Food Systems Governance facilitates resilient and just food system transformations which can advance access to safe and healthy diets for all. All stakeholders should be inclusively and effectively participant in local decision-making.
Good governance of food systems facilitates equitable, coherent, coordinated, and transparent design and review of mechanisms and processes such as policies, legislation, planning, finances, monitoring and coordinated implementation. Evidence, action and sharing experiences across a diversity of economic, social, health and environmental fields as well as government spheres is urgently needed (HLPE, 2020; OECD, 2021; Herens et al., 2022). While "changing diets, technology, urbanization, and climate change are shifting how national governments address the food system" (viii, Teft et al., 2021), it is increasingly, recognised by governments, UN entities, city networks, academia, GAIN, FAO, World Bank and others, that this process must more inclusively involve local governments and multiple stakeholders.
These stakeholders should come from public and private sectors, with representatives from multiple areas such as health, agriculture, environment, and trade, as well as non-governmental and community representatives. By doing this, it is possible to better align and coordinate the different priorities of national and local government spheres, and formal and informal sectors. Furthermore, this facilitates enhanced equitability in just food systems transformation and access to safe and healthy diets for all.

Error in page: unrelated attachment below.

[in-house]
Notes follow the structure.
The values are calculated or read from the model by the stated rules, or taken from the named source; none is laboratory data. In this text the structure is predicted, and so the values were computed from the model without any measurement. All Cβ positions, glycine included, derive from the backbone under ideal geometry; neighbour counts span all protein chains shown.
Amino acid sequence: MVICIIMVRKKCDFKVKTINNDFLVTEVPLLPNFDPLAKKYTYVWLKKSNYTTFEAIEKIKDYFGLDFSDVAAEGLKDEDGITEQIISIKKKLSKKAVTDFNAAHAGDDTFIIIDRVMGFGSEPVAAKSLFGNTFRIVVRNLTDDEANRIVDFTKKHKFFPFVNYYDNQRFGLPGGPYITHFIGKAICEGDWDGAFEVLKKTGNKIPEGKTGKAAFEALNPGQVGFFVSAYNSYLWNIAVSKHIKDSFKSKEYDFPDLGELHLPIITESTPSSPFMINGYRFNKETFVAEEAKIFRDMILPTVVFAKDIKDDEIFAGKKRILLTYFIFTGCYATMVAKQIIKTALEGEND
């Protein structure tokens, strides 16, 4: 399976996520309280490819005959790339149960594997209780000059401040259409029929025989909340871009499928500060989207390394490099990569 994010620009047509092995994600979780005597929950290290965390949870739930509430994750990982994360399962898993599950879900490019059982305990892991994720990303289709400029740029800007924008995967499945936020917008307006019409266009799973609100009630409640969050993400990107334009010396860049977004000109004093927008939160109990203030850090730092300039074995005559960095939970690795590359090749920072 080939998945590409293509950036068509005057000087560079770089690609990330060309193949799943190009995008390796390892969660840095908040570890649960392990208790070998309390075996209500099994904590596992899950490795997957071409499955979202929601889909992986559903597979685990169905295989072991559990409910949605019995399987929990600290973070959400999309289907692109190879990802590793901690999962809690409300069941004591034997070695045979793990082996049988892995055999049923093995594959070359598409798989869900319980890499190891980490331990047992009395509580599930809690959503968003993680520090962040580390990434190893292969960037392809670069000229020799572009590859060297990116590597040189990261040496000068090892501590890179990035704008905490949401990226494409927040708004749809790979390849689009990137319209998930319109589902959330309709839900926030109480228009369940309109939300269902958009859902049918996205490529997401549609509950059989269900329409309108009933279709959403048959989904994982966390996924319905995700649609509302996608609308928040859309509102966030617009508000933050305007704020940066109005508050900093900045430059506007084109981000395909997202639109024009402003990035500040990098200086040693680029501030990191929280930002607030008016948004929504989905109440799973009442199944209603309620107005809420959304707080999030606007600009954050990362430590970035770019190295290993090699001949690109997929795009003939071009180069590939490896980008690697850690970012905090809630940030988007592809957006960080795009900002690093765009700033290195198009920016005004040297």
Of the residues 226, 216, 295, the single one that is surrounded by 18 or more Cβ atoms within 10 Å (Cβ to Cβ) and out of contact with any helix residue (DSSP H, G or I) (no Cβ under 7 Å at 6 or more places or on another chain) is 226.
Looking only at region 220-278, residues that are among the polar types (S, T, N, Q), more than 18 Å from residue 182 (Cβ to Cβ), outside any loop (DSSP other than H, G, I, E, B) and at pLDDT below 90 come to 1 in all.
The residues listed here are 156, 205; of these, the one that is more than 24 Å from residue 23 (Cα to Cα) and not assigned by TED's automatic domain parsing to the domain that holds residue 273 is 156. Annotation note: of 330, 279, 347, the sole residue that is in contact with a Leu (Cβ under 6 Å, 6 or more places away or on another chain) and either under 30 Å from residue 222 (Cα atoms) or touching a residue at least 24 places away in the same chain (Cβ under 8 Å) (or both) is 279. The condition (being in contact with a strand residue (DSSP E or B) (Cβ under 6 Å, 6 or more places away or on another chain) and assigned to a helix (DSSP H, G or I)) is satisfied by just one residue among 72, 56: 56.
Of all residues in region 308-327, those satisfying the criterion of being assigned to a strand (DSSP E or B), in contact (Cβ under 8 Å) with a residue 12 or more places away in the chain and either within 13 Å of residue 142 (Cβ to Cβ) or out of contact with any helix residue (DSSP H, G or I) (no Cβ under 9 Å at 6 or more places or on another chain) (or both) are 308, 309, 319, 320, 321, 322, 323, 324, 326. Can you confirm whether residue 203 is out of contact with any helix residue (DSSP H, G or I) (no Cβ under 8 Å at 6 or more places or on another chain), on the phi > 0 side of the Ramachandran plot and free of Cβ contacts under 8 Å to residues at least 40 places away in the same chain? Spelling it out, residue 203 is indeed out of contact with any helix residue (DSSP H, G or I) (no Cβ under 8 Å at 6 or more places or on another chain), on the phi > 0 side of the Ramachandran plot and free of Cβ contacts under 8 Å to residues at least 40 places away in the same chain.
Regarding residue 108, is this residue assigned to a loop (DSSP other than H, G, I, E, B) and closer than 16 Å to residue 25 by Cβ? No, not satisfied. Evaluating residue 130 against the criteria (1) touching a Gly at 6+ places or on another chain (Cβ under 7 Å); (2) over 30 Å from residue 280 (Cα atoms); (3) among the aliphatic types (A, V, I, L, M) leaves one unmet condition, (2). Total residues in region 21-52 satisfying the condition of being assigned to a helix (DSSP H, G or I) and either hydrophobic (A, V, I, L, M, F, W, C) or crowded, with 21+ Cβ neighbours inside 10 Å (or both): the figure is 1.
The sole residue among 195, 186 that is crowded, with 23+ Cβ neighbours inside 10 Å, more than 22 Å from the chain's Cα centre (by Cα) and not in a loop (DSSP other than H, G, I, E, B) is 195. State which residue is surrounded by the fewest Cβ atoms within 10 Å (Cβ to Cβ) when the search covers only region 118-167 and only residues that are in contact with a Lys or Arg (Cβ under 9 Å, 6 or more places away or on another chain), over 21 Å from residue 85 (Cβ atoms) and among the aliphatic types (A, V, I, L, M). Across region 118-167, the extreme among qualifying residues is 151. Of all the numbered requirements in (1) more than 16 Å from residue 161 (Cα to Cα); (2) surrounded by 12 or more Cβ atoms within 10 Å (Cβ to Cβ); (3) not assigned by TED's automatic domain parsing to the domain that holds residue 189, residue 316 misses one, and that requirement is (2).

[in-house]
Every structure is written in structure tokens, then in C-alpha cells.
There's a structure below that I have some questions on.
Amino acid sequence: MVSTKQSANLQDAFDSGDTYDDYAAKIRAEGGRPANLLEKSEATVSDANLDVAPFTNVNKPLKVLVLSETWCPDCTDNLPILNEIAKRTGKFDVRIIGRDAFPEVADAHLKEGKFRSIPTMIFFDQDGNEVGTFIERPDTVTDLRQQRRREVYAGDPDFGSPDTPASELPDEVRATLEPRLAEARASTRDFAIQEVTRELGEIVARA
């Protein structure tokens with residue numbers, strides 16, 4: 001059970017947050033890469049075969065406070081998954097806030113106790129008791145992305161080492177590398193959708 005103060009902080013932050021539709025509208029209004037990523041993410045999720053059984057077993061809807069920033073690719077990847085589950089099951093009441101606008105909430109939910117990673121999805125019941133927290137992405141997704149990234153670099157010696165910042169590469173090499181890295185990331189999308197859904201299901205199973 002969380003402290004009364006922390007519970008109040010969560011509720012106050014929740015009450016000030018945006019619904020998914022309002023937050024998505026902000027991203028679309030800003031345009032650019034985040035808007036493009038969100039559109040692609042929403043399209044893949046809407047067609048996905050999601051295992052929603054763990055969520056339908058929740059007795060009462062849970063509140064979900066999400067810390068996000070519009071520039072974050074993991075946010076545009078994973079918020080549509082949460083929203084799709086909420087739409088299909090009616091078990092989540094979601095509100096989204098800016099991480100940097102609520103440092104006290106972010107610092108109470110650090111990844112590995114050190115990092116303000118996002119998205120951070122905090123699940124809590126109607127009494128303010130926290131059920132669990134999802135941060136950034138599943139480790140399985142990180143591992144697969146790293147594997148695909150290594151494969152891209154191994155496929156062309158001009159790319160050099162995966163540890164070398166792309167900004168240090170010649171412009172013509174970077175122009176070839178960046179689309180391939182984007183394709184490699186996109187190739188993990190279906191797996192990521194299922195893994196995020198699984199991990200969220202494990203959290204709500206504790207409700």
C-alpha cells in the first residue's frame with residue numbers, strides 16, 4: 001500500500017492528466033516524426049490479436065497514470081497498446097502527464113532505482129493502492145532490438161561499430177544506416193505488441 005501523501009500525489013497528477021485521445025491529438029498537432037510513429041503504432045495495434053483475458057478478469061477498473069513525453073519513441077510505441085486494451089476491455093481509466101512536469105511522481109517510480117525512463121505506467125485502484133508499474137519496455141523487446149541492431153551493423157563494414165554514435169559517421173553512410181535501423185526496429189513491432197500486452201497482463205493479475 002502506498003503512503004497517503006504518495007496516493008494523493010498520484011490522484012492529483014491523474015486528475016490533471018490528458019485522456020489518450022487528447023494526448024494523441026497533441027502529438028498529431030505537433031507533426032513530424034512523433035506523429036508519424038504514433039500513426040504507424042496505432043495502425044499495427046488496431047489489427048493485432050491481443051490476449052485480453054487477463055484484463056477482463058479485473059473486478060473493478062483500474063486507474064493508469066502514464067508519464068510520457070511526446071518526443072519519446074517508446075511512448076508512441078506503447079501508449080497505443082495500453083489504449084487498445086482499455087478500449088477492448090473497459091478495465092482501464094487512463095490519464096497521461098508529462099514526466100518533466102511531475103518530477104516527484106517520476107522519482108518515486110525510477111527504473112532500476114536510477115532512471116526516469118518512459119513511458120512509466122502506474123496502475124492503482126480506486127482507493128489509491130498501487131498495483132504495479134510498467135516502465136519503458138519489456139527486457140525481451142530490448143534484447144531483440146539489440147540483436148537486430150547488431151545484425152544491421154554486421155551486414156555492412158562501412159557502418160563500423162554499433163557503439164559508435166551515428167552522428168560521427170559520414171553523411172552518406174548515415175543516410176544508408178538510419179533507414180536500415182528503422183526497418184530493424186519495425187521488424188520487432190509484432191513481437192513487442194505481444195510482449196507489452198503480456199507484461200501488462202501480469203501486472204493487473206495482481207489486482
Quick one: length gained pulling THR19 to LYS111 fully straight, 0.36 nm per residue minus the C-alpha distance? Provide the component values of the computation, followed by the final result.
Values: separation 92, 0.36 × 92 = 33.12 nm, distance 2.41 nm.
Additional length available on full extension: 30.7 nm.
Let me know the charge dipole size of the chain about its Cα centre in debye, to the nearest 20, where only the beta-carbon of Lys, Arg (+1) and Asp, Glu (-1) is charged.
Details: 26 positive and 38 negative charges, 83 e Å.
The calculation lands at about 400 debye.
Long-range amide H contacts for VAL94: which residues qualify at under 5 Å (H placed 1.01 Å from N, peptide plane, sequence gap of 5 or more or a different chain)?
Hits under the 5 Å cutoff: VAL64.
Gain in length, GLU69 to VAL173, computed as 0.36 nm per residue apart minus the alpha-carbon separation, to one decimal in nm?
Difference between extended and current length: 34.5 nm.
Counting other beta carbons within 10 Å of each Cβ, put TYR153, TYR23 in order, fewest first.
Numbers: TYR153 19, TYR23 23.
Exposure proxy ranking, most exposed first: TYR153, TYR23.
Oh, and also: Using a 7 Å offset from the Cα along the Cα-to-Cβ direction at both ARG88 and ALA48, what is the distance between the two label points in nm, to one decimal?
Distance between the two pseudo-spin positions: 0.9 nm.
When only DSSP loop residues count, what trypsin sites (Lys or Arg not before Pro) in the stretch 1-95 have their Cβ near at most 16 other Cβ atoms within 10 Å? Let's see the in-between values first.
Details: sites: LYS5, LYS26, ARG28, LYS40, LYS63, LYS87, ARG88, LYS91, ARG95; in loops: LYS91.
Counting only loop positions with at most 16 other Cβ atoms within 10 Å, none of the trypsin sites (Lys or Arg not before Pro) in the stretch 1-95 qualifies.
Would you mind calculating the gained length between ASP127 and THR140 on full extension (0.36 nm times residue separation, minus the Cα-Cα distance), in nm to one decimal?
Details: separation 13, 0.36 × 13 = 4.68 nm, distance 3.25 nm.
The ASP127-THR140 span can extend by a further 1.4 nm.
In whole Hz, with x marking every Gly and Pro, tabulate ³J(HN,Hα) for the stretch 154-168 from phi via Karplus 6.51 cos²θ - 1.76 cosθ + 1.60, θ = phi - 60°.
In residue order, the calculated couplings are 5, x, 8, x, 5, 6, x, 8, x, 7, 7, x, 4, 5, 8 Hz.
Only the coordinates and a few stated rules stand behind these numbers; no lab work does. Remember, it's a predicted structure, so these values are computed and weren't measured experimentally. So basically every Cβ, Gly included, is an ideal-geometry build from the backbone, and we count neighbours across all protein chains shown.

GAIN’s Food System Governance programme focuses on local food systems and nutrition-related policies, planning and implementation. It supports locally led, effective inclusion of local governments and other stakeholders such as, community based organisations and informal food sector workers. Particular attention is given to those often excluded, such as people living on low incomes, women, youth, traditional markets, and street vendors.
Supporting activities include: promotion of accessible, local food systems data and nutrition mobilised communities; leveraging external networks, such as the Milan Urban Food Policy Pact, city networks and UNFSS coalitions, such as the Coalition on Sustainable and Inclusive Urban Food Systems; sharing local experiences of reshaping food systems, for example on the Food Action Cities, smart search platform; as well as raising global awareness and momentum through advocacy.
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